7 H2moves Scandinavia - Final Public Report 7 The echo from the regions visited was overwhelmingly positive and relevant people announced they would investigate into supporting the hydrogen infrastructure build up or start own demonstration activities. A firework of single events has made the EU Road Tour become a real success, among others by participation in the EcoDolomite electric vehicle race in Bolzano, a visit with own booth at the Paris Motor Show and of London s livingroom, the London s Mayor office, signing of an Memorandum of Understanding by the Nordic countries with several international automobile companies in Copenhagen to name but a few. Also locally in the Nordic countries, the vehicle customers have used their FCEVs for promotional purposes, such as SINTEF for a Ride&Drive event in Trondheim in combination with an inner city rally (Daimler B-Class F-CELL), as ZERO for a trip to Monte Carlo of about 2,200 km refuelling at hydrogen stations along the route (Hyundai ix35 FCEV) or as H2 Logic as emission free support vehicle for the Denmark leg of the Giro d Italia bicycle race. It goes without saying that all events had a very good media coverage, partially also at international level. Another aspect which is typically forgotten in this context, but an important ingredient for a successful demonstration project is the building of stakeholder networks. On one side, the project partners have established a trustful cooperation, and here specifically the different approaches by stakeholders from the Nordic countries, from central Europe and from South Korea have contributed to a better understanding of the cultural differences but for the same technical and societal goal of introducing fuel cell vehicle technology. On the other side, external stakeholders such as the technicians trained in the automotive workshops in Oslo and Copenhagen and certification or safety authorities in both countries got involved and learnt about the market readiness of fuel cell vehicles. As a good example, the rule banning gas fuelled cars from belowground parking garages, which had been established the very same moment when H2mS s demo phase commenced, was repealed after only few weeks of negotiation between the automobile manufacturer and authority. The consortium is satisfied about the outcome of the project. The hardware lives on in Oslo and Copenhagen outside the framework of the H2mS project, the FCEVs collecting further miles on Norwegian and Danish roads and the refuelling station continuing to serve hydrogen to FCEVs in both growing hydrogen refuelling infrastructure networks. Strategies in both Norway and Denmark and in the other Nordic countries have been developed for a further deployment of the technology. H2mS has contributed an important and visible milestone along these developments.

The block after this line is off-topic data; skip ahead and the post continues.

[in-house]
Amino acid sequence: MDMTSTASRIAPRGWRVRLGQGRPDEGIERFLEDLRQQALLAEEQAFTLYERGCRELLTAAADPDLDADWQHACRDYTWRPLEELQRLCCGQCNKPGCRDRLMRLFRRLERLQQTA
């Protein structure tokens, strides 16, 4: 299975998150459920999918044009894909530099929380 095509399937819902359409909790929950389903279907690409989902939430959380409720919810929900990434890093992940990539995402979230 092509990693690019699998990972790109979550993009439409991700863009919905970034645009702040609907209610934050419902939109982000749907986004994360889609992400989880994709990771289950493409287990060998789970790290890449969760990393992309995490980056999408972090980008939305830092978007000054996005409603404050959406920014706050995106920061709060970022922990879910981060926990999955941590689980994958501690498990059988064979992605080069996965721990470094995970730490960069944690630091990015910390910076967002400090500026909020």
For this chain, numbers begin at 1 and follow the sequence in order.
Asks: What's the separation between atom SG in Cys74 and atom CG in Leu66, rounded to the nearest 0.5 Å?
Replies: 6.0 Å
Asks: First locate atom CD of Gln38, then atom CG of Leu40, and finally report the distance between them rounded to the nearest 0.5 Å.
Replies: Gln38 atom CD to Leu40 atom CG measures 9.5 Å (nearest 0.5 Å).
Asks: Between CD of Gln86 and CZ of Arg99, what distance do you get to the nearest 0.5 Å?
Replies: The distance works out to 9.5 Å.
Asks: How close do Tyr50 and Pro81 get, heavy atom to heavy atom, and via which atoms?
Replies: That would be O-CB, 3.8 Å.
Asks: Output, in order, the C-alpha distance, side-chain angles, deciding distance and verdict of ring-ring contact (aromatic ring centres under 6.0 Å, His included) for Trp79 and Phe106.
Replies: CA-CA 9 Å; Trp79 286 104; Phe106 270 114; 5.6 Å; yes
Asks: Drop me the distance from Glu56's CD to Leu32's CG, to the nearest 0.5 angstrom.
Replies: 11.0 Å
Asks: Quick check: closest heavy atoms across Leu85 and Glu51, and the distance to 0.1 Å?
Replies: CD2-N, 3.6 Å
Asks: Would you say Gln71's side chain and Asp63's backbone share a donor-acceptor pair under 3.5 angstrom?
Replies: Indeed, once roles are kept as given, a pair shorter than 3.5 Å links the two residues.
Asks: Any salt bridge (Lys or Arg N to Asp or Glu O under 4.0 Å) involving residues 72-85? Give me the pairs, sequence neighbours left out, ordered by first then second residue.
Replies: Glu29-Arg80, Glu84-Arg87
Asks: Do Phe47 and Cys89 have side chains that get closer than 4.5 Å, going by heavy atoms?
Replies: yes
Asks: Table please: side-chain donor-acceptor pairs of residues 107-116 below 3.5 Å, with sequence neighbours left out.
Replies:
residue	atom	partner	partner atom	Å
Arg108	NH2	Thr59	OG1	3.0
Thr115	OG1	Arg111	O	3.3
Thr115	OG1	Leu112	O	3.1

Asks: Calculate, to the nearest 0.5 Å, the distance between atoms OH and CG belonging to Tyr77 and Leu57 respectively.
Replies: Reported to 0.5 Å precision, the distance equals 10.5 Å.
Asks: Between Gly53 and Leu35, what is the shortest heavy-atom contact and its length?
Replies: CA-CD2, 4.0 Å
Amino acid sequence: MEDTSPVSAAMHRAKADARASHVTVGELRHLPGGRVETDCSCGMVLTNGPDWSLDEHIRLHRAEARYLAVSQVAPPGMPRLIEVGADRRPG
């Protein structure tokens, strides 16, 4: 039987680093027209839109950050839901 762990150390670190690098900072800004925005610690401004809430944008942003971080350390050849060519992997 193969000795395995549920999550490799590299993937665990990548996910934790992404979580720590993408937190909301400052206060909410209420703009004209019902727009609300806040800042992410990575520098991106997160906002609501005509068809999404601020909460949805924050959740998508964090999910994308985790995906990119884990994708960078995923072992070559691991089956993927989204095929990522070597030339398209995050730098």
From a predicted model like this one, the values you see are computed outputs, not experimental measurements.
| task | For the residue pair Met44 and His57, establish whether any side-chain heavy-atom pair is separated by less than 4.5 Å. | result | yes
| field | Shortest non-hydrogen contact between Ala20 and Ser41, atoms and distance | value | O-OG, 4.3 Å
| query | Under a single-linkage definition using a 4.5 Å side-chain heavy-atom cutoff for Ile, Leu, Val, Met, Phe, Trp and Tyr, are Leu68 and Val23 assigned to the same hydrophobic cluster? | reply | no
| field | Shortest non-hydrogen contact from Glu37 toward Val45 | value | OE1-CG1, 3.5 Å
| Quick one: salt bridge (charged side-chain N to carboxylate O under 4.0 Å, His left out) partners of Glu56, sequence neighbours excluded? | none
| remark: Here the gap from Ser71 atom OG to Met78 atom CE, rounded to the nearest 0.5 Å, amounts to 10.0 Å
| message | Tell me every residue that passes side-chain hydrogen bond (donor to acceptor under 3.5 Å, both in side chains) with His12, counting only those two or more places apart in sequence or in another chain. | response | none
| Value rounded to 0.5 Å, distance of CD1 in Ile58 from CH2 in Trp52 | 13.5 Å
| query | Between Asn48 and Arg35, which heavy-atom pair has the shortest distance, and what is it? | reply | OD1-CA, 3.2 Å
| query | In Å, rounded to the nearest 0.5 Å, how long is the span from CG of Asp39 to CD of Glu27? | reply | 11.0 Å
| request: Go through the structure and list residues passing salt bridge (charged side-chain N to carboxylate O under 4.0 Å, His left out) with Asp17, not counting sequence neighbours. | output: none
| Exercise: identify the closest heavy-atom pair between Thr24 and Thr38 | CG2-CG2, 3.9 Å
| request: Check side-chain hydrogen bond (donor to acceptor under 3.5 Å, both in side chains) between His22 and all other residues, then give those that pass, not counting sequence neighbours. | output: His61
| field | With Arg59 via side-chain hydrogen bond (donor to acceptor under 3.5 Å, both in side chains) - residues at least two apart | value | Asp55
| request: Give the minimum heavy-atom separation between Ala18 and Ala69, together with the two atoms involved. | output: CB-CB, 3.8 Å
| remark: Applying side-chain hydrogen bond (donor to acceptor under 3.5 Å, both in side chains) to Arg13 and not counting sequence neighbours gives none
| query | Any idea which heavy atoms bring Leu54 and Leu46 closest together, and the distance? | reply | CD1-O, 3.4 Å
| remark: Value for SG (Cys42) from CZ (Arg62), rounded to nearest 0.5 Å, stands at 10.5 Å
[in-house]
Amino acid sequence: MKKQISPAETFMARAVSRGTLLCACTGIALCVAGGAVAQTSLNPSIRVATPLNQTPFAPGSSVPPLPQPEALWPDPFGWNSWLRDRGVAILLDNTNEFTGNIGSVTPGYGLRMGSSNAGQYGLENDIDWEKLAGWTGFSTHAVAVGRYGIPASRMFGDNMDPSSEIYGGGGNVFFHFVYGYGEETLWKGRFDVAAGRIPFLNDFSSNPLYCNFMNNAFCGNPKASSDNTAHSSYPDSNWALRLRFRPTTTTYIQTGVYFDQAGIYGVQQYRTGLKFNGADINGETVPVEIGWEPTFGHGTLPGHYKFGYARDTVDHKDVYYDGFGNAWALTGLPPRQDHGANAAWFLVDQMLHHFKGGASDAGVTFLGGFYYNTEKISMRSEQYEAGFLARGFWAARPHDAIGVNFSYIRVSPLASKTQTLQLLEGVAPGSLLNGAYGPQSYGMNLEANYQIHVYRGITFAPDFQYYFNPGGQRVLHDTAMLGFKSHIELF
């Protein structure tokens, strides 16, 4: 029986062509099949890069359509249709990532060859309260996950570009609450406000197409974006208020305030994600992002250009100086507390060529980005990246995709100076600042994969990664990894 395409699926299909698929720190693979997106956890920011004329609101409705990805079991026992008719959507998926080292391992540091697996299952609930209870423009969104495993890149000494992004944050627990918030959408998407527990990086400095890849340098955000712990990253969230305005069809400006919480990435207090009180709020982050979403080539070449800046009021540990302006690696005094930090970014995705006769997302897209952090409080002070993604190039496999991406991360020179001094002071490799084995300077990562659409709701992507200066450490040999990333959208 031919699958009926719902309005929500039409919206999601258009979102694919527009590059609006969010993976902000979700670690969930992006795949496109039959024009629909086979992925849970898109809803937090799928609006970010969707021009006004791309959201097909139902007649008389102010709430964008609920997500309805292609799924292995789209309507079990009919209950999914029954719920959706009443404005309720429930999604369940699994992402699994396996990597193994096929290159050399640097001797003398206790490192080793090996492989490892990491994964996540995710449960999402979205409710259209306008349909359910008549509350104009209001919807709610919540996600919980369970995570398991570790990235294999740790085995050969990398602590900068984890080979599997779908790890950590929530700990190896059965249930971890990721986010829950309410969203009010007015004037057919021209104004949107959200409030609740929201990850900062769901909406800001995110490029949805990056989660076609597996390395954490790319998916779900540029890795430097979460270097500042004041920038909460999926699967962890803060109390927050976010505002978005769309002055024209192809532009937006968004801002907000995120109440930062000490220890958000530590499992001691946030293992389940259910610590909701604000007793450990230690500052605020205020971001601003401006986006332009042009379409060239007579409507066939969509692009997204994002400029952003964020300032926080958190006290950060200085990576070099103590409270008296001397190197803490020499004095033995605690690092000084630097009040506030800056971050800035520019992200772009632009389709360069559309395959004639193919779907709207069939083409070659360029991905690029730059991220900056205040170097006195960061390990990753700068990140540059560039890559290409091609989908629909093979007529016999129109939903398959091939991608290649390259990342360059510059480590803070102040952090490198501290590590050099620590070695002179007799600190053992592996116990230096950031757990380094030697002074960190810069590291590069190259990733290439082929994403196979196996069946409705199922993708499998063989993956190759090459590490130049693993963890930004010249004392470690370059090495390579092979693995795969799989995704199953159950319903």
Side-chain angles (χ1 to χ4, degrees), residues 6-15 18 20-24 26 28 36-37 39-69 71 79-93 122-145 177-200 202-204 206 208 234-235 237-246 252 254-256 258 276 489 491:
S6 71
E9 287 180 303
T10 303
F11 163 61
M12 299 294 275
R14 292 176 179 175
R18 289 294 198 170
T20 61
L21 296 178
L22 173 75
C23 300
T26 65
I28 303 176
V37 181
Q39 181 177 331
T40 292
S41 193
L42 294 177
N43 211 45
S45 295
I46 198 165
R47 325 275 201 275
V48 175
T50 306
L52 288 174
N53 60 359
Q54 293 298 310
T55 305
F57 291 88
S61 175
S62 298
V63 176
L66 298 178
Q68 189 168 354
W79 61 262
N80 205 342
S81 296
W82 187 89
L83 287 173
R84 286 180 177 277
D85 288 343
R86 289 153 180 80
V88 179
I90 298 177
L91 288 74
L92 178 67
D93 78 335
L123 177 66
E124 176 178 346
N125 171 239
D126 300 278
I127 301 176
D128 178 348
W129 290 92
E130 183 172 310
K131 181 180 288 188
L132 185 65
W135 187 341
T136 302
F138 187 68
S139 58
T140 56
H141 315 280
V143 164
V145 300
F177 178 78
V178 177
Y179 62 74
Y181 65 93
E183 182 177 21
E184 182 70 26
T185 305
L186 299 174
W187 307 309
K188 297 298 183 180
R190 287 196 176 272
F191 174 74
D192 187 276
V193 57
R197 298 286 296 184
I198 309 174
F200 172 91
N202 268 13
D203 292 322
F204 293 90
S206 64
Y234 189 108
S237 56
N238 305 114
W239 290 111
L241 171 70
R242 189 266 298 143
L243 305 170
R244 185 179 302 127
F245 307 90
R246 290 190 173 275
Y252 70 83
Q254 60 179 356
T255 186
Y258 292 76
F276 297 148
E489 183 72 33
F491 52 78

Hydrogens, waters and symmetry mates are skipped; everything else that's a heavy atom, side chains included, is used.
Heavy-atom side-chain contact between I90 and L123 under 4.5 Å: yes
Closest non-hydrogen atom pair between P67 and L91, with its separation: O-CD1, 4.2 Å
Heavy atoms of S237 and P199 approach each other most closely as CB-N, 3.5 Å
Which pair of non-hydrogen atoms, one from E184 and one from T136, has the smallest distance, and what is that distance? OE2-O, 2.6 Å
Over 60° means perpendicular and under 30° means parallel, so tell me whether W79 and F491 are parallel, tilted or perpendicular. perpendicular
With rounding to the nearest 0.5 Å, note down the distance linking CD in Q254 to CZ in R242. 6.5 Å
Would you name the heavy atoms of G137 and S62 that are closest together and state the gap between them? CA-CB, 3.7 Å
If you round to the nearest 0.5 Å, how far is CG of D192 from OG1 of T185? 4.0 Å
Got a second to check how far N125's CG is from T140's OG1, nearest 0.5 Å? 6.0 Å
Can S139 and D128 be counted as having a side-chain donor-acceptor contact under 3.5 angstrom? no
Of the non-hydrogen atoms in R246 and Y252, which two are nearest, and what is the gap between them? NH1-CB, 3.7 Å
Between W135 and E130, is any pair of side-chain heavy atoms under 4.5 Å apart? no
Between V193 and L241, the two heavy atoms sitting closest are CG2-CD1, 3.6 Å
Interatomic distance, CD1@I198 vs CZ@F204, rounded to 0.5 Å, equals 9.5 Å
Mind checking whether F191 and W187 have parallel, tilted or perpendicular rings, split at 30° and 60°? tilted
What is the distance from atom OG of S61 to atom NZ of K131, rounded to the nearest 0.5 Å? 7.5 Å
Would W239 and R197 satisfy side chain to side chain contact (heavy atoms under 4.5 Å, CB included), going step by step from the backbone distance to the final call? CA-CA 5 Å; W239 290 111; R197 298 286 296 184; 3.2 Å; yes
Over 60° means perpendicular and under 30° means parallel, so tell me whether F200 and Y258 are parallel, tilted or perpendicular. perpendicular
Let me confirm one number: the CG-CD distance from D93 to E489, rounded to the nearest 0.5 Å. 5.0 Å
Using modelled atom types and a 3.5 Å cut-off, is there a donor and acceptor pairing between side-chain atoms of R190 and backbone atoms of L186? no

8 H2moves Scandinavia - Final Public Report 1 8 Introduction The H2moves Scandinavia project is the first European Lighthouse Project for hydrogen, funded by the European Fuel Cells and Hydrogen Joint Undertaking programme, launched by the European Commission and European industry. Main focus of the joint undertaking is to increase the impact of industrial level activities in Europe in this field and to address three major European policy targets: Energy diversity Mitigation of greenhouse gases Increase the share of renewable energies Major car manufacturers have devoted a significant amount of resources towards developing hydrogen powered Fuel Cell Electric Vehicles (FCEVs) that will be mass produced from That is why we took cars from four companies Daimler, Honda, Hyundai and Toyota along the European Hydrogen Road Tour In many of the cities we visited it was the first time the general public had an opportunity to test drive these cars with only water coming out of the exhaust. A fuel cell is a device which can be used to efficiently transform the hydrogen s chemical energy into electricity and heat. Even better, the only emission is pure water. The efficiency of a fuel cell car is twice as high as of a conventional gasoline vehicle, which compensates for loss of energy when producing hydrogen. FCEVs are on a par with today s cars but emit much less noise and emissions. Provided the energy in the hydrogen production is renewable, the environmental impact is compared to conventional internal combustion engine cars near zero. Our ambition is to prepare the European market for FCEVs so the FCEVs you can see here today, will be seen everywhere tomorrow.